“I would like to shift people’s perspectives from it not being real, to realizing that this is going to happen in 20 years,” said Yang, who is from Farmington.

A woman who goes by One-Of-Many dressed in tumbleweeds to protest outside the Roundhouse in Santa Fe on Friday. Thousands joined the Global Climate Strike at the state capitol. (Eddie Moore/Albuquerque Journal)

Earlier this year, New Mexico passed one of the country’s most ambitious goals for carbon reduction and renewable energy. The Energy Transition Act requires state utilities to use 50% renewable energy by 2030 and 100% renewable by 2045.

The state is also working to reduce emissions of methane, a harmful greenhouse gas.

But students at the protests wanted more.

They are asking Gov. Michelle Lujan Grisham and the state Legislature to set a goal of 100% renewable energy by 2030. The group also wants the state to establish a “just transition fund” using oil and gas revenue to diversify New Mexico’s economy.

While some walked out of class, for others, the rally became the classroom.

James Grainger, a fifth grade teacher at Albuquerque’s Lew Wallace Elementary School, took his fifth graders to the event to give real-world application to his curriculum. Lew Wallace is less than a mile from the park in the Downtown area.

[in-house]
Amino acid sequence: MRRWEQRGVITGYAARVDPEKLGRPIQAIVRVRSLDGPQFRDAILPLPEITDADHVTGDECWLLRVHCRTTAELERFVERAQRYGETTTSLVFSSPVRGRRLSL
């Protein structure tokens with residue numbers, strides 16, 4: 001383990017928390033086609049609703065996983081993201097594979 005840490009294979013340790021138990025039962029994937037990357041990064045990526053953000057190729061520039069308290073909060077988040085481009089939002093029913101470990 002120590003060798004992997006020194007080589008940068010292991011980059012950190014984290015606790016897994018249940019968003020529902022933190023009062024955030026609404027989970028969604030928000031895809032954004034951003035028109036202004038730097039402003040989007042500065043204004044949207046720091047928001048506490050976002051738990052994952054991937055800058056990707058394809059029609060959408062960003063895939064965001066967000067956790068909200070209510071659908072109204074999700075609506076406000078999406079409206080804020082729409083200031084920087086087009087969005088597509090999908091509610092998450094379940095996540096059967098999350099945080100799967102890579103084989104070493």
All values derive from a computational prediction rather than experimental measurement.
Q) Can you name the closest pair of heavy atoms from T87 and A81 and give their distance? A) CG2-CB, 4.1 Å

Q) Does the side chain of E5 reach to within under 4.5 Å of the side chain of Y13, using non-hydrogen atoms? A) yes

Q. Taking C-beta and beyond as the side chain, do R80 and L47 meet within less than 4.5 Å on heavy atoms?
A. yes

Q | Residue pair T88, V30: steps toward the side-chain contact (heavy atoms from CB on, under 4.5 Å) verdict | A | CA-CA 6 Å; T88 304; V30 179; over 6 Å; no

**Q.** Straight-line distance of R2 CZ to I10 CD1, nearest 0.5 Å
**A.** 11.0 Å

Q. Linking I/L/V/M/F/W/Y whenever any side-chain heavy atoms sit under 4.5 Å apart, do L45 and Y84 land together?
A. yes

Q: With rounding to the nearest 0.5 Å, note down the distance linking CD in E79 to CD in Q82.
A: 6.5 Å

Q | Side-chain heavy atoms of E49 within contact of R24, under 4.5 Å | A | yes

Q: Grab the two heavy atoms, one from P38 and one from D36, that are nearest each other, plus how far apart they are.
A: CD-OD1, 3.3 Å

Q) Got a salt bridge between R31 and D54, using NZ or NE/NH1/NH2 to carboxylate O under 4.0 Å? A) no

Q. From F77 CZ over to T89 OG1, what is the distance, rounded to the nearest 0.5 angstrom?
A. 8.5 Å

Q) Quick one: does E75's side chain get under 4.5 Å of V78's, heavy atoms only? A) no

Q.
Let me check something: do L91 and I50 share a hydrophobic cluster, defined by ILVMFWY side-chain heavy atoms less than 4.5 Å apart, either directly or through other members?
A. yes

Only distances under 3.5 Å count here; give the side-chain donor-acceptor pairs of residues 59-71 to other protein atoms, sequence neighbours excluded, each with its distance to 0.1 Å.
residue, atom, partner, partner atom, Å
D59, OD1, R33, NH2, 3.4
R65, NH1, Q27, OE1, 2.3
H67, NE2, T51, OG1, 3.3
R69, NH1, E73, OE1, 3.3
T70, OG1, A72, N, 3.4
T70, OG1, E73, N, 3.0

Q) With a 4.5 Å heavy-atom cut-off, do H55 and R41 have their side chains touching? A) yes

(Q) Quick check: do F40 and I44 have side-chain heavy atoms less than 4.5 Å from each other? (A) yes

He said he has taught his class food sustainability through the school’s garden and experts have spoken to the kids about global warming and water conservation. The climate strike was a way to supplement those lessons.

“Save our animals! Save our earth!” Fifteen fifth graders yelled as they marched around Robinson Park behind Grainger.

Students demanded a four-year moratorium on hydraulic fracturing, or fracking. Limits on fracking haven’t gained much ground in New Mexico, where the technique has skyrocketed the oil industry’s productivity.

The student activists also want the Legislature to pass a law in 2020 that would make solar energy more affordable.

Albuquerque Mayor Tim Keller spoke at the rally, where he applauded the City Council for passing a resolution declaring a climate emergency. The city has a goal of operating on 100% renewable energy by 2025.